Melanie Rowland, Head of Self Service and Automation-IVR at Vodafone UK, presented her company’s long journey from organically-grown IVR silos – a real customer-nightmare – to speech-enabled services hosted by Vicky, Vodafone’s virtual advisor. At the start in 2005, no less than 19% of the 6 million weekly inbound telephony contacts were simply abandoned, and only one caller out of four was able to select the right option for their query. Vodafone first fixed the existing IVRs, which allowed the automation rate for e.g. post-pay customers to jump from 20% to 45%. This investment paid for itself in less than 5 months. As customers were still dissatisfied with the existing voice, Vodafone then went a step further to create Vicky, a virtual persona who embodies Vodafone UK’s brand essence and personality. Since then, customer satisfaction rates have risen dramatically. Vodafone UK now plans to automate 60% of all inbound traffic by next year. As success factors, Mel Rowland cited the primacy of the customer experience over technology concerns, and also stressed the importance of well-defined and consistently tracked key performance indicators. Getting early buy-in from the business, marketing, technology and customer service departments through open communication is also key to succeed.

Melanie Rowland presents her colleague Vicky, the Voice of Vodafone UK 

On Wednesday afternoon Ross Moody, Head of Shared Services at Standard Bank in South-Africa, explained how his company’s initial exploratory initiative to integrate two different platforms turned into a strategic thinking exercise as the full potential of VoiceXML-based speech technology became apparent. In a country with 11 official languages, customers more often than not use another language than their mother tongue when interacting with service departments or systems. With help from Intelleca, Standard Bank therefore had to spend quite some effort on collecting data, tuning acoustic models, redesigning grammars and adding phonetic transcriptions to the pronunciation dictionaries in order to achieve desired perfomance levels. The use of a separate male persona for the wizard/guide as opposed to the female virtual agent seemed awkward to me, as it made the whole user experience slower and overly complex. Despite this negative point, customer feedback to the new, integrated speech solution was said to be “overwhelmingly positive”.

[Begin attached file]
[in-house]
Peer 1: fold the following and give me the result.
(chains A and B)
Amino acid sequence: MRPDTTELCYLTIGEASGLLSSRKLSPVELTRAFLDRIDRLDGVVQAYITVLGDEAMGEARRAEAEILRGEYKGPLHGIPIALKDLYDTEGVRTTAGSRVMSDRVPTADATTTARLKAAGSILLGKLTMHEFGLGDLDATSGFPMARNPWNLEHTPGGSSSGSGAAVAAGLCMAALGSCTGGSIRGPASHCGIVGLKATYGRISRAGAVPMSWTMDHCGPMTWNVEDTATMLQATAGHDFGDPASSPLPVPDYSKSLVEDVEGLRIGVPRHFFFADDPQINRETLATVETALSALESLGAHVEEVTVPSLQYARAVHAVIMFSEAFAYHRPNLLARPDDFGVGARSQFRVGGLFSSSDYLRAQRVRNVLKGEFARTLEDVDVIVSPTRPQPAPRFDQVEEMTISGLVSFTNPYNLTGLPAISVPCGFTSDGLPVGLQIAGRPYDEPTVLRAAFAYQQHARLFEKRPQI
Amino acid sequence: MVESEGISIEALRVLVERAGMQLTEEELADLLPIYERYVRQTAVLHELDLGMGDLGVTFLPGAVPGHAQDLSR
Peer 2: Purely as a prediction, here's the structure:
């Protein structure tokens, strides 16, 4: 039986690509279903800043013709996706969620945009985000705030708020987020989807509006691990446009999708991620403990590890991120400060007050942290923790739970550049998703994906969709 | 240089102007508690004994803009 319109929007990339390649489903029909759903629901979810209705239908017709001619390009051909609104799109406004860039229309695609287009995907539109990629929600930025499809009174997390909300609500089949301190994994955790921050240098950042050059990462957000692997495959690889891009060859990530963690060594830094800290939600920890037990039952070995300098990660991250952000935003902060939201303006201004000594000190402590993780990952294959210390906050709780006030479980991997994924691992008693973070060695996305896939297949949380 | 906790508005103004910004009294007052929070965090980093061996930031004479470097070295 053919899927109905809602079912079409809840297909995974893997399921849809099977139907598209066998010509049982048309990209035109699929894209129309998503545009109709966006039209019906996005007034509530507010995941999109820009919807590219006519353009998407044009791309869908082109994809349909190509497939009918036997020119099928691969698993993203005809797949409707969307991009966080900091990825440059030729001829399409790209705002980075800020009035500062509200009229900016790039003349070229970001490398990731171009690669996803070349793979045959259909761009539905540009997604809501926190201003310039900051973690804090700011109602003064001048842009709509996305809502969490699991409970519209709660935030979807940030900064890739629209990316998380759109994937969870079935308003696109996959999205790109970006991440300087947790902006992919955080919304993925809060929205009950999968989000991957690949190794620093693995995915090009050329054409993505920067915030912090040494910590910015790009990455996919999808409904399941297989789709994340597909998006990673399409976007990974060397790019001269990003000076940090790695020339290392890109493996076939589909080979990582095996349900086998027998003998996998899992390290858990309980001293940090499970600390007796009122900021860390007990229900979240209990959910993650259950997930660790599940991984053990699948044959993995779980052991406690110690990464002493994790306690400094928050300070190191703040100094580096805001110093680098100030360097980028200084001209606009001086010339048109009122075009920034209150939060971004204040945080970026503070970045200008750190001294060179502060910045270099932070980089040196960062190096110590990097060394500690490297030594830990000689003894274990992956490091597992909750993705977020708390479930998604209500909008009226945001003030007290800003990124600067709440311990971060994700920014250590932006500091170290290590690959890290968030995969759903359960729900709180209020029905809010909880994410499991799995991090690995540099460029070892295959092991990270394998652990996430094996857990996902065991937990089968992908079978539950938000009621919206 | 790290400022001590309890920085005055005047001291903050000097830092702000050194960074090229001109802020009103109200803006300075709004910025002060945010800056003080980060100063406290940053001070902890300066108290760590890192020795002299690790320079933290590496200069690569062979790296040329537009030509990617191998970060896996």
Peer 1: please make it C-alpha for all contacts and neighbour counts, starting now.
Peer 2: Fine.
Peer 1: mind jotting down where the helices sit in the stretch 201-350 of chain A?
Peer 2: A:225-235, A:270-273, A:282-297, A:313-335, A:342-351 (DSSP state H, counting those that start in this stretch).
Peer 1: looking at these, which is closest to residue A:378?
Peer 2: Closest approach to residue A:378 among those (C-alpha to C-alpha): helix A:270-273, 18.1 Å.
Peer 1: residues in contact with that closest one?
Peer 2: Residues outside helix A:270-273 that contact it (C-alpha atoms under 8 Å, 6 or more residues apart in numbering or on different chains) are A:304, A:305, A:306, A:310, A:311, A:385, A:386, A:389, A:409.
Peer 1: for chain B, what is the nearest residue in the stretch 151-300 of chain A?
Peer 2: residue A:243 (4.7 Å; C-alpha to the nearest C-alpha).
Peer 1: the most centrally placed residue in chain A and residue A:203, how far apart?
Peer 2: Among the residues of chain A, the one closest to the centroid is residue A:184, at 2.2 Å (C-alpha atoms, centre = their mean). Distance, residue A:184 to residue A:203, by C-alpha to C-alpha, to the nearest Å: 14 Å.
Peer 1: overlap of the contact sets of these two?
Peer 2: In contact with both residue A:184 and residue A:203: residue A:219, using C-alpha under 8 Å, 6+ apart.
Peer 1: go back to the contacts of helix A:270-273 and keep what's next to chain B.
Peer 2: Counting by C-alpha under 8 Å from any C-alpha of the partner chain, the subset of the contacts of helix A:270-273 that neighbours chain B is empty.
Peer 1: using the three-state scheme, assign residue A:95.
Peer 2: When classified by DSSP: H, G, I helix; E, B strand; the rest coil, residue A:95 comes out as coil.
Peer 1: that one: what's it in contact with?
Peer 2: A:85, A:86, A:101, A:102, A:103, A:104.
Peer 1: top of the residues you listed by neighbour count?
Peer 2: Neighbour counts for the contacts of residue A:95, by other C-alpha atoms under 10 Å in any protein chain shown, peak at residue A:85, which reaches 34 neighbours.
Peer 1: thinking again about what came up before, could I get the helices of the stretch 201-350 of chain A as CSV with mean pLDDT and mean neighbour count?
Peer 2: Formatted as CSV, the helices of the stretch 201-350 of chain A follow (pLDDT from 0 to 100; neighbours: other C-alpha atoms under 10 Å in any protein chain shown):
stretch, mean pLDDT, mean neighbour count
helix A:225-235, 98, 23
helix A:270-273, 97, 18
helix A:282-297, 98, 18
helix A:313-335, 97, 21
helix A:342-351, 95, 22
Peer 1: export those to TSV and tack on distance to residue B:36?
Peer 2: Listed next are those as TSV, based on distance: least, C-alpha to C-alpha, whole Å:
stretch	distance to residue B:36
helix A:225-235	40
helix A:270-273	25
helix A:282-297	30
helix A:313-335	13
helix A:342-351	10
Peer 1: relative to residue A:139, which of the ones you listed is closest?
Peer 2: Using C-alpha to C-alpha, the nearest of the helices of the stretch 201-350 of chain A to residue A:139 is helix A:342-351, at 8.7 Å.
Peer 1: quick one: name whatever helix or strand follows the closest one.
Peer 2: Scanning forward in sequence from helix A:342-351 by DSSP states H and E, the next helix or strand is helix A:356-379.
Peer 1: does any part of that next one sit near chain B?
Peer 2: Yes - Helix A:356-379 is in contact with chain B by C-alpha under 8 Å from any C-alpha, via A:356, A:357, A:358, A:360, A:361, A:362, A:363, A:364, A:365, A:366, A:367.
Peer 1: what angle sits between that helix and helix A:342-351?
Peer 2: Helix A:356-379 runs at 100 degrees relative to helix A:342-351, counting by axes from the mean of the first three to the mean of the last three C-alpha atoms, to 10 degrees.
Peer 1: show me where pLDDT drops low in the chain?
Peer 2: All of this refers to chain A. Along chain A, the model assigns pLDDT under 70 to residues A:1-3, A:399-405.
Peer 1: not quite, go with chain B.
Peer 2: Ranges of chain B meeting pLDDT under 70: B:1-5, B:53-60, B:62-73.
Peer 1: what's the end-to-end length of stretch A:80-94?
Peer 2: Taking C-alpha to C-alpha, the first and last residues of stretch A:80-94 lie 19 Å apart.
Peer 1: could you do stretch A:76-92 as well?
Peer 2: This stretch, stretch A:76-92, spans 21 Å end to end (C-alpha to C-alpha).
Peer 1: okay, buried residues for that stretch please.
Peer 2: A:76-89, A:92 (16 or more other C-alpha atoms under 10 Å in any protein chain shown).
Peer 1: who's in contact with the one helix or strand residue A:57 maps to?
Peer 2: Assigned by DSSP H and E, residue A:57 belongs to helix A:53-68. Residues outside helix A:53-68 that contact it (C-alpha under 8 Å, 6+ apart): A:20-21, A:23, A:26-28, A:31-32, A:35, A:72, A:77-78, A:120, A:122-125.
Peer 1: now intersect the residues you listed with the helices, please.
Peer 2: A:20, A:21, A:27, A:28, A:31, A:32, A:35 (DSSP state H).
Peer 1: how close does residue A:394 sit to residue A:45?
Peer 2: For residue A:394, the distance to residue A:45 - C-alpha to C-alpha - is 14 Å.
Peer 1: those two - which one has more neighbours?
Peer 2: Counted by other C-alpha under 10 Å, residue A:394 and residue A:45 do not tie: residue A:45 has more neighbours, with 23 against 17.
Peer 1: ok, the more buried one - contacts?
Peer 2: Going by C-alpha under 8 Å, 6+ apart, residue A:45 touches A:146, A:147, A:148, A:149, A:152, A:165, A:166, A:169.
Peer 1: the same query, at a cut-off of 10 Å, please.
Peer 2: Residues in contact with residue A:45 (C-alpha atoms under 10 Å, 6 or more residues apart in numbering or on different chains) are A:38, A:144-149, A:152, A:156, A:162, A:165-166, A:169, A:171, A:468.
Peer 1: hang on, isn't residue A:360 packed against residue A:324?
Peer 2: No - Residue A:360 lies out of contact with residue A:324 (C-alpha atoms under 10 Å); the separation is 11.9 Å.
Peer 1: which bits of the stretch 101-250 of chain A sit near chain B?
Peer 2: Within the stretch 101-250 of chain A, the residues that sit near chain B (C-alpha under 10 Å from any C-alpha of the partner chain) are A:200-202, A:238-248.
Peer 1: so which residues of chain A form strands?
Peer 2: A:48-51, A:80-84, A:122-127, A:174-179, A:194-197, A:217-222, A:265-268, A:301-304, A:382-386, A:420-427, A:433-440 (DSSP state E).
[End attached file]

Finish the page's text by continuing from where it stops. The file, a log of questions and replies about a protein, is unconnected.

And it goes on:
The Carlton Inter-Continental on La Croisette in Cannes, France

Like last year, Chief Scientist Vlad Sejnoha offered some glimpse into Nuance’s R&D future. The new vision, called Care 2.0, is driven by a common technology base which integrates elements from the traditional core technologies Dictation, Network and Embedded, which are converging. The common platform is backed by the availability of huge amounts of performance data and computing grids to process them, the existence of similar requirements and approaches across device categories and applications, and seamless APIs. In this world of converged and always-available basic technologies, the new challenge is to find effective ways of combining speech and visual components in order to offer compelling multi-modal, experience-rich services. The new Quest is to discover what kind of applications users want to talk to, and what type of service users need in a given context.

Unless I was blinded by the April sun, the perfect temperature and the excellent food & drinks, Nuance Conversations Europe 2007 led me to one conclusion: the present and future of speech technology look very bright indeed.

2 Responses to “Sea, speech and sun at Nuance Conversations in Cannes, France”

  1. Simon says:

    My God you really love this speech technology :)

  2. [...] Keynote speaker Geraldine Wilson from Yahoo! Europe predicted that search will be the doorway to the mobile Internet just as it has been on the good old Internet 10 years ago. Unfortunately she did not elaborate on the role that speech input would play in this trend. Ms. Wilson pleaded strongly for a physical search button on each mobile phone - which made me think of Nuance’s plea for a physical speak button at their last European Conversations conference. Interesting to see that physical – read: hardcoded – features are still considered that important in a technological world driven by personalization, virtuality and constant change. Why not get rid of all physical buttons altogether, and turn the mobile phone into a multi-modal portal-like personalisable device, with freely downloadable configurations and skins? Ms. Wilson repeatedly mentioned Apple’s iPhone, but remained silent on Google’s gPhone. Which, admittedly, is currently also known as the vaporPhone. [...]